Magic in Society: Saturation Levels

Intro's be damned, let's jump straight to the subject, shall we?

Overview:  These levels are used to indicate the commonality of magic in a society and/or community.  The higher the saturation the more (and more varied) magic is available.  People are generally less likely to fear it, more likely to understand it and the less regulated it may be (that's no guarantee though).  Also, the higher the saturation, the more organizations may be seen.

Saturation Levels:

Magic in Society: Attitudes & Reactions

We now come to the third aspect (fourth installment) in our Magic in Society series:  Attitudes and Reactions.  This installment is going to be pretty brief because for the most part it is self explanatory.

People within a given society are likely to mostly share the same feelings about magic, whether those feelings are the result of government regulation or propaganda, historical events, or culturally influenced.  There will still be some who have different feelings but in building a fictional setting it is convenient to set a general attitude about magic for each society.  So, getting right to it, here is a short dichotomous list of attitudes/reactions about/to magic:

Magic in Society: Accessibility

It's time for the next installment in this series, Accessibility, so lets get straight to it tonight!  When working on the aspects of magic in society one of the questions that kept coming to my mind was "How accessible is magic to the local populous?".  Are spells and the associated knowledge and materials freely available in every general store a'la Final Fantasy or The Elder Scrolls games or are they carefully guarded secrets, known only to initiates who closely guard their secrets and share them only with those who know the right symbol or word to gain recognition/admittance.

Magic in Society: Caster Personalities

HAHA!  You thought I forgot about this series already.  Well, you were right, but I'm back now with the next installment.  You can find the previous installment here, where I give the overview of what inspired this series and what it's about.

The information in this particular article in the series will be somewhat proprietary since I developed it for my specific world setting.  However, I'm confident you'll be able to adapt it to your own if you choose to use it.  That being said, let's move on to the meat of this article!

Magic in Society: Introduction

Things have been pretty quiet for nearly 8 months now.  I'm running an on-and-off post apocalyptic game that re-started in early January.  Schedules have forced us to miss a few sessions but we hope to be getting together again in another couple of weeks.  The system is pretty much done, but lacks a little tweaking, a lot of testing, and a setting.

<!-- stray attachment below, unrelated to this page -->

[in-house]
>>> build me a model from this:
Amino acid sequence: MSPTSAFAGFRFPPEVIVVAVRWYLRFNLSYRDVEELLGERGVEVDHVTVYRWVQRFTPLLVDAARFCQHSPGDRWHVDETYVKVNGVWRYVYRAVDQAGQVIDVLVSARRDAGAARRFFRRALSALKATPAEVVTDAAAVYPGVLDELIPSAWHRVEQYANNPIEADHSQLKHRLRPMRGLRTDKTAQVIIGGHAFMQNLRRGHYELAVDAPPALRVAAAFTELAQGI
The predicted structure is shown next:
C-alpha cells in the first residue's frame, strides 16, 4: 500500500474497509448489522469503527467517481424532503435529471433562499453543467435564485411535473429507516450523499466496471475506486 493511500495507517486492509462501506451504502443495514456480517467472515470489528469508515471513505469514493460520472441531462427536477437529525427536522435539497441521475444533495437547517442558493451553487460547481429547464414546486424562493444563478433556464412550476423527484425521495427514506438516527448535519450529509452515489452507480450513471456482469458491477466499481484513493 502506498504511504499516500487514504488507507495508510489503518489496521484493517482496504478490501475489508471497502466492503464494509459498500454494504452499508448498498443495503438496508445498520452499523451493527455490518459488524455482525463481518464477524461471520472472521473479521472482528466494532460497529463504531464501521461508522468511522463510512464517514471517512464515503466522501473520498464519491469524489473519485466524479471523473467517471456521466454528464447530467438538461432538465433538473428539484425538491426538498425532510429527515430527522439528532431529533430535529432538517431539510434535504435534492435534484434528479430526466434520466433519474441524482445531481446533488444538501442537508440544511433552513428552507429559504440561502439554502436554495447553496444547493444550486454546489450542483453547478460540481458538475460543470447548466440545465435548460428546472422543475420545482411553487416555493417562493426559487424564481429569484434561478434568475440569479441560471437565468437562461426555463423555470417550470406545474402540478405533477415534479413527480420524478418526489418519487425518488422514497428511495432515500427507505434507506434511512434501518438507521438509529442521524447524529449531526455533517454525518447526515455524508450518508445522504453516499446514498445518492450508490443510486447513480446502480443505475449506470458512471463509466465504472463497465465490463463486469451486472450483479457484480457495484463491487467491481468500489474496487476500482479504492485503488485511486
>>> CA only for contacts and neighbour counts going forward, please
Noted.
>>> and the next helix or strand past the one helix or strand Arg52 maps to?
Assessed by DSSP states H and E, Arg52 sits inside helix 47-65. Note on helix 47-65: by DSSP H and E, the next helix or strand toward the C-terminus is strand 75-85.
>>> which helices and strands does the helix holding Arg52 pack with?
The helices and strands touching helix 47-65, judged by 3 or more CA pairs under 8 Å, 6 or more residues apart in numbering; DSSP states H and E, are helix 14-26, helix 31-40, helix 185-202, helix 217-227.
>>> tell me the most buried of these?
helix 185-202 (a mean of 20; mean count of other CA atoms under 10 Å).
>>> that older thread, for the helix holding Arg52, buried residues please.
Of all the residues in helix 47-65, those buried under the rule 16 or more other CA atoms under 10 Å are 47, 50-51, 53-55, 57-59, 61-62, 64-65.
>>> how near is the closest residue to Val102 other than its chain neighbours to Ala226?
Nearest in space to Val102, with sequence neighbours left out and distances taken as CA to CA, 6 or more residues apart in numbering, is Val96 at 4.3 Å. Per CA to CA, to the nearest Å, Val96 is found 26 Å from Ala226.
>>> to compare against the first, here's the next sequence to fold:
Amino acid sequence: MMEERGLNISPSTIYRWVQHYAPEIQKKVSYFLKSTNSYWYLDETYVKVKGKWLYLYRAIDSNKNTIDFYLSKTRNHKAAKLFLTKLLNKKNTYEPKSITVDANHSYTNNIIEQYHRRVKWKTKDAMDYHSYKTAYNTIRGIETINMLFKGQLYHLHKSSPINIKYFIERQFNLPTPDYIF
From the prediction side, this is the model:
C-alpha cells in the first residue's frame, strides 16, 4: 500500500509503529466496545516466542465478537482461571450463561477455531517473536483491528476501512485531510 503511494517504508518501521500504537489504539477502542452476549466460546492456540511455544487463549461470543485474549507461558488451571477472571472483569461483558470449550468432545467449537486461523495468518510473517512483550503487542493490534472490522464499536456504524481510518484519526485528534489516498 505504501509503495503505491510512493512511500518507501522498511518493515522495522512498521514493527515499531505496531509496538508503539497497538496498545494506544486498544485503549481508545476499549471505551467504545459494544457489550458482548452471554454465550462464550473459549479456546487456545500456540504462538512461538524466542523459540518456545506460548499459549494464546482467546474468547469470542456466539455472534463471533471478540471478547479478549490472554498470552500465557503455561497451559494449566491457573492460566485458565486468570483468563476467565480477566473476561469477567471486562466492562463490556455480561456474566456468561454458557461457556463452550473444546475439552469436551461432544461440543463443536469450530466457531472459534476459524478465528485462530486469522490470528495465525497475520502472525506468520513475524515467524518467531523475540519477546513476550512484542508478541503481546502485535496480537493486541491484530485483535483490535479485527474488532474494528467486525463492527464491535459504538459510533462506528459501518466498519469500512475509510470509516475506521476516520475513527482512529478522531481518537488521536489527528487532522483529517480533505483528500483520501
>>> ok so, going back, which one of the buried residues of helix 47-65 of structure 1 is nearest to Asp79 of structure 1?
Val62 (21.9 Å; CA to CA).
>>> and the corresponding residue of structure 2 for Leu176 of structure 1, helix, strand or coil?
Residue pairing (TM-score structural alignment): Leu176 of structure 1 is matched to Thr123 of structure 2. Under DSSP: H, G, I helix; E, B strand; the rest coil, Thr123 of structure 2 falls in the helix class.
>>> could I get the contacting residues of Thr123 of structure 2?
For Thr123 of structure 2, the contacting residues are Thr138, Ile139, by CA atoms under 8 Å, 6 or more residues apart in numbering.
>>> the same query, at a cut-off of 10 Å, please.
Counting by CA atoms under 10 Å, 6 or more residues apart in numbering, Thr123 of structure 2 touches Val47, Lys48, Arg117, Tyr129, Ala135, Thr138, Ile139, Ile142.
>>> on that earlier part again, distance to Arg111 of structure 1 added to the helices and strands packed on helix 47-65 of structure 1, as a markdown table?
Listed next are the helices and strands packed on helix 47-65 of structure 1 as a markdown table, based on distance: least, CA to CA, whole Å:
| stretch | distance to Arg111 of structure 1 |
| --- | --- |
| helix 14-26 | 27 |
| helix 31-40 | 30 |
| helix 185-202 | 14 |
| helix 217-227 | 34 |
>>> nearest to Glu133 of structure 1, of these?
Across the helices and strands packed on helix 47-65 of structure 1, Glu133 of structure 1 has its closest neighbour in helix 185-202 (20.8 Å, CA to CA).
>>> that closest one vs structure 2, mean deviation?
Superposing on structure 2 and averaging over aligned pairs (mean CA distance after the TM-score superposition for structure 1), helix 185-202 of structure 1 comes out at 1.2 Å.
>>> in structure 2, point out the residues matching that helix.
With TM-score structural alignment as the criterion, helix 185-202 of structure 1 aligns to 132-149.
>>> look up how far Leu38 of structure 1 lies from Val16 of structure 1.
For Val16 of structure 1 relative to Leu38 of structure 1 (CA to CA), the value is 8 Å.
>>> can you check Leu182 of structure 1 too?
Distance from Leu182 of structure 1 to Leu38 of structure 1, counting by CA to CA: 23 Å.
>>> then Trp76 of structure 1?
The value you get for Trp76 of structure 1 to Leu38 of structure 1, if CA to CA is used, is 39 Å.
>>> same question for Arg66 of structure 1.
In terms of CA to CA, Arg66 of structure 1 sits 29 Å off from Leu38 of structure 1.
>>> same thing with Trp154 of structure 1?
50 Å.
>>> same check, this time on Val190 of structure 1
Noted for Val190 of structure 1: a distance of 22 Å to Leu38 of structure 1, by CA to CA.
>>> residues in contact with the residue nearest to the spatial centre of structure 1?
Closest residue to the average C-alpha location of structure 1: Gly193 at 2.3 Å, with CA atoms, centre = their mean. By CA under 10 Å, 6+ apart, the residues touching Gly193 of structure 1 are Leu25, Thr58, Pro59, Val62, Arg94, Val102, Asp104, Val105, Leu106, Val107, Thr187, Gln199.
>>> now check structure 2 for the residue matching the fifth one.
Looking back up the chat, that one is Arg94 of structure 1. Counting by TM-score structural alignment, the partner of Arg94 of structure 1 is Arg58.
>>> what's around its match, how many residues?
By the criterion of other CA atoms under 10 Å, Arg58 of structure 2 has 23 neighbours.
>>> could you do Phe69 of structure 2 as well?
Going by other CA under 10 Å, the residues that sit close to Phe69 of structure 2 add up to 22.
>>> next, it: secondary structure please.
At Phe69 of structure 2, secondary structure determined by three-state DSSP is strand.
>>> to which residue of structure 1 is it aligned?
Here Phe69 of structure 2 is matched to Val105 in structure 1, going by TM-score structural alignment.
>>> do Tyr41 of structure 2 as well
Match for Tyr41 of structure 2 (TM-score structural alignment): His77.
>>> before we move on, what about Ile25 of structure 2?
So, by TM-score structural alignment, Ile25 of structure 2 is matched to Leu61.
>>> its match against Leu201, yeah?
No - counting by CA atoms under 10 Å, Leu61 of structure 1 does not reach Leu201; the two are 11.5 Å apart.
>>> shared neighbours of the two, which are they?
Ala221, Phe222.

Technically Renaissance can be used in any setting; heck, it's designed for medieval-fantasy role-playing and I'm using it for a post-apocalyptic sci-fi game.  However, there are some features about it that lend itself to a particular setting.  One I've always had kicking around in the back of my mind and could never quite get out on paper satisfactorily.  You know the one, you probably all have one kicking around the back of your mind too.

Well, I've been studying a lot of geography (a little) and doing a lot of mapping and re-mapping and re-re-mapping and a lot of personal debating about world features, feel, etc.  At the moment I'm working on pinning down exactly how much presence magic has in society and how it is felt.  I've formulated a series of notes, personal guides you might say, regarding the various aspects of magic within society.  Over the next week or so I'll be posting those notes for your review, enjoyment and opinions.  I plan a total of 5 articles, one for each aspect and a final one to bring it all together and discuss the "so what"; the worth and use of the guides.  From what I'm looking at in the notes right now, I think they're going to be very helpful in my setting building.  Hopefully they will be helpful to you as well.

Before I go, here is a summary of the aspects of magic in society I have noted and will be posting:

  • Caster Personalities/Purpose
  • Accessibility
  • Attitudes and Reactions (of the populous)
  • Saturation Levels

The Testing

When you're editing and proofreading a work of fiction, I imagine it would be useful to keep a set of notes to track consistency with character descriptions, events, behaviors, etc. When editing a game, however, this doesn't work as well, because there is so much that needs to be tracked. The only way (that I've found) to make sure your editing is sufficiently extensive is to play-test the material.

One Small Step...

... for me, one giant leap for Renaissance. Over the holiday weekend I finalized the latest editing of Renaissance: The Rebirth, 2nd ed., completed the rough table of contents, converted to PDF and have ordered my first test printing! I'm now working on designing a number of adventures to test the system with and a condensed rule-set for play-testers to use. Once those are complete I will be looking for people who are able and willing to run test games and provide me with feedback on their experiences. Once that process has begun, I will also be looking for an artist who can draw in the desired style and within my price-range for keeping the final book affordable.

If you're interested in running a few test games and think you and your group can provide effective feedback please contact me at renaissancetherebirth (at) gmail dot com.